The industrial machine is a black box between designers and users. It is an imaginary border dividing craft and design. The works of Olivier van Herpt, however, pry apart the machine, expanding this unit for standardised production into a platform for creative exploration.
Tinkering with digital fabrication technologies, the industrial design graduate of the Design Academy Eindhoven constructs methods and means of production that meld together seemingly divergent worlds. A 3D printer that drips, instead of expels, its output, just as how stalagmites naturally form in caves. An open source extruder that anyone can freely use to 3D print objects with the more sustainable material of beeswax. These output by the Dutch designer sit at the intersection of the digital and analogue, as well as design and tools.
By pushing the limits of existing 3D printing technologies, van Herpt has arrived at machines that produce larger forms and work with materials beyond conventional plastics. Out of paraffin and even clay, he has printed collections of objects that soften the precise and indifferent definition of industrial design. Vases seemingly handwoven by the hands of individual artisans, ceramics crafted with random imperfections, and pottery shaped by the environment they were made in—these manufactured objects demonstrate how van Herpt reinserts humanity into the man-made machine.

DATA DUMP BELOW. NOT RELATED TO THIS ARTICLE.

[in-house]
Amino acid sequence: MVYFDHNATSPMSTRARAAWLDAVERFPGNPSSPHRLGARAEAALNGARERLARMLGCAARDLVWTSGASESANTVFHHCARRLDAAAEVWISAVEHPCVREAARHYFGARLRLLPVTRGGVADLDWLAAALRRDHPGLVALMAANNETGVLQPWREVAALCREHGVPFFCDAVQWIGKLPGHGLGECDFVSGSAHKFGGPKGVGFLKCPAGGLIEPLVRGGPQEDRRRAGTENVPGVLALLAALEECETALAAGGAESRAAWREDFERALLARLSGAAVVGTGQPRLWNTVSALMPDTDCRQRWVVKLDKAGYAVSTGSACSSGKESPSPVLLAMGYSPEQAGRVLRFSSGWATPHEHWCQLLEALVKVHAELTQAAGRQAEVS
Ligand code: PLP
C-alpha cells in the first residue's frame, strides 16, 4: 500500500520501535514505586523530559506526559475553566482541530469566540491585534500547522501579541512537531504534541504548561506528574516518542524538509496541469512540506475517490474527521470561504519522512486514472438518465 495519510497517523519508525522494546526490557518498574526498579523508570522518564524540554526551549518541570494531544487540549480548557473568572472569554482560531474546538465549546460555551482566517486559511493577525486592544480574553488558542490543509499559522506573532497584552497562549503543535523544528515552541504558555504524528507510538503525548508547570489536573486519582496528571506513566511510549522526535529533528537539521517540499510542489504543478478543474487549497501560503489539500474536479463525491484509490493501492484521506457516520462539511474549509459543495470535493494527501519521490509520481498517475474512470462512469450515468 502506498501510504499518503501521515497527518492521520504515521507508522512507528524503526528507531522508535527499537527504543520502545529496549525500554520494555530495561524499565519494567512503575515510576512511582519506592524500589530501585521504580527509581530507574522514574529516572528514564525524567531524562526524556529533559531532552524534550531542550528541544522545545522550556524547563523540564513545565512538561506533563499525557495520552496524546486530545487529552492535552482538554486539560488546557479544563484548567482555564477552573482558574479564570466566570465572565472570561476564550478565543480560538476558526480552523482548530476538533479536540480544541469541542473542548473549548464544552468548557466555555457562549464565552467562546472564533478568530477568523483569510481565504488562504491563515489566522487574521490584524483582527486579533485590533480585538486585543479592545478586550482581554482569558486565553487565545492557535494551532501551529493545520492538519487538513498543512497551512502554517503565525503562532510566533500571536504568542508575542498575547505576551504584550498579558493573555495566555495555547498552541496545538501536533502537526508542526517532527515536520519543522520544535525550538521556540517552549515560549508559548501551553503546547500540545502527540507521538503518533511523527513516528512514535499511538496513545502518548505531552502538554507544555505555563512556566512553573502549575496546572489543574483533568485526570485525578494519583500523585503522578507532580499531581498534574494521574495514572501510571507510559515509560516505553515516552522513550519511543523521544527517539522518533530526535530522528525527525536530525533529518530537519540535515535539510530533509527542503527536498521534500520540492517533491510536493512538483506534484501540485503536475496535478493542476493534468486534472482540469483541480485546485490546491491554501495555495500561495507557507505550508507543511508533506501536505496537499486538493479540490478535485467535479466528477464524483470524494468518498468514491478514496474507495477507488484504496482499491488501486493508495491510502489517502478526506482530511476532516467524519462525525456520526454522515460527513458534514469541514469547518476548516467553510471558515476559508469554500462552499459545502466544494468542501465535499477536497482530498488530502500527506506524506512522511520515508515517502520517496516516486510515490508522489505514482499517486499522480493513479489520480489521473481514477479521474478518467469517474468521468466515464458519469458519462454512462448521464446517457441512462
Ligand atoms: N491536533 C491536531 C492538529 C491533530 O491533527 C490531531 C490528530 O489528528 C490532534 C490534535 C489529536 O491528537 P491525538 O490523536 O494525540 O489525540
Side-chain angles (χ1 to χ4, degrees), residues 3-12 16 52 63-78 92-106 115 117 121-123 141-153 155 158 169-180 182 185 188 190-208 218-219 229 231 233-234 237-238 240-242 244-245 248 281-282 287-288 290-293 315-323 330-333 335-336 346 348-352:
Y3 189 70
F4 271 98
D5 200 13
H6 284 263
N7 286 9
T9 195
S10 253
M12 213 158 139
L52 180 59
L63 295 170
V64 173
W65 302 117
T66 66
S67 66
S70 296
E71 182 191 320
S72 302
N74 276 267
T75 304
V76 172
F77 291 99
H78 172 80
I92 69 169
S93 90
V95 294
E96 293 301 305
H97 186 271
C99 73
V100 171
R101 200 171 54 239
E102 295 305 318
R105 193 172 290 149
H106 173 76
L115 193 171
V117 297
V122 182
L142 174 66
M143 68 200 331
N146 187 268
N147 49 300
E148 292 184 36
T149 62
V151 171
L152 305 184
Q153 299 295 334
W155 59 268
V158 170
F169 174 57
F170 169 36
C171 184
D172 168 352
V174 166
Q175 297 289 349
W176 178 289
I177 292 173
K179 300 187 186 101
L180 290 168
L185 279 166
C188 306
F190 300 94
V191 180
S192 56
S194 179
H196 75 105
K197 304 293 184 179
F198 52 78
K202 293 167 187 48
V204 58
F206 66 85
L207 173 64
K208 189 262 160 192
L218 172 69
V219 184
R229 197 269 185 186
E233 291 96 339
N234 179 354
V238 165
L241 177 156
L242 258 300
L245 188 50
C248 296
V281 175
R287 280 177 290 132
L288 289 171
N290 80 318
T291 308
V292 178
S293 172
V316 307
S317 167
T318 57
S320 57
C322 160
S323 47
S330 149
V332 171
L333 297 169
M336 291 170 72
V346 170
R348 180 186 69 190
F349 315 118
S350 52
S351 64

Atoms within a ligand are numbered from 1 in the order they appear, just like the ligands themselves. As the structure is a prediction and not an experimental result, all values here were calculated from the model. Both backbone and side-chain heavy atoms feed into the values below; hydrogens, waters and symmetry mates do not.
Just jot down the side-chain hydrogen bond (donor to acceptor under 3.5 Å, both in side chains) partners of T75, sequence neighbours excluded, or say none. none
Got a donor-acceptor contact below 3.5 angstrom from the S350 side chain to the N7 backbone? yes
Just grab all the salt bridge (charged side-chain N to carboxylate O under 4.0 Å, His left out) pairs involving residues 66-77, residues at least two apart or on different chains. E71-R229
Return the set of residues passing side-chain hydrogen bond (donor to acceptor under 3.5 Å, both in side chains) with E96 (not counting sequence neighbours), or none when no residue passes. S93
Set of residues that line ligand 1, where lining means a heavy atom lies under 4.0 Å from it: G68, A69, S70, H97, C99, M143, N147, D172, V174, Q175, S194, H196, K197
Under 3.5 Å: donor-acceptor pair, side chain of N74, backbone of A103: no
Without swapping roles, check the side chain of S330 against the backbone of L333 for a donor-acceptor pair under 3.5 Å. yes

Just as the advent of digital fabrication has democratised manufacturing for the masses, the works of van Herpt seek to reconnect design with the human touch. Drilling deep into the design process, he flattens the production chain standing between designer and user with his innovative machines that are really tools which empower making.
By opening up the industrial machine, the designs of van Herpt invites all of us to collaborate in creating a world no one of us imagined possible.
— by Justin Zhuang
Photography: Stedelijk Museum Amsterdam, Gert Jan van Rooij
Portrait: Koos Breukel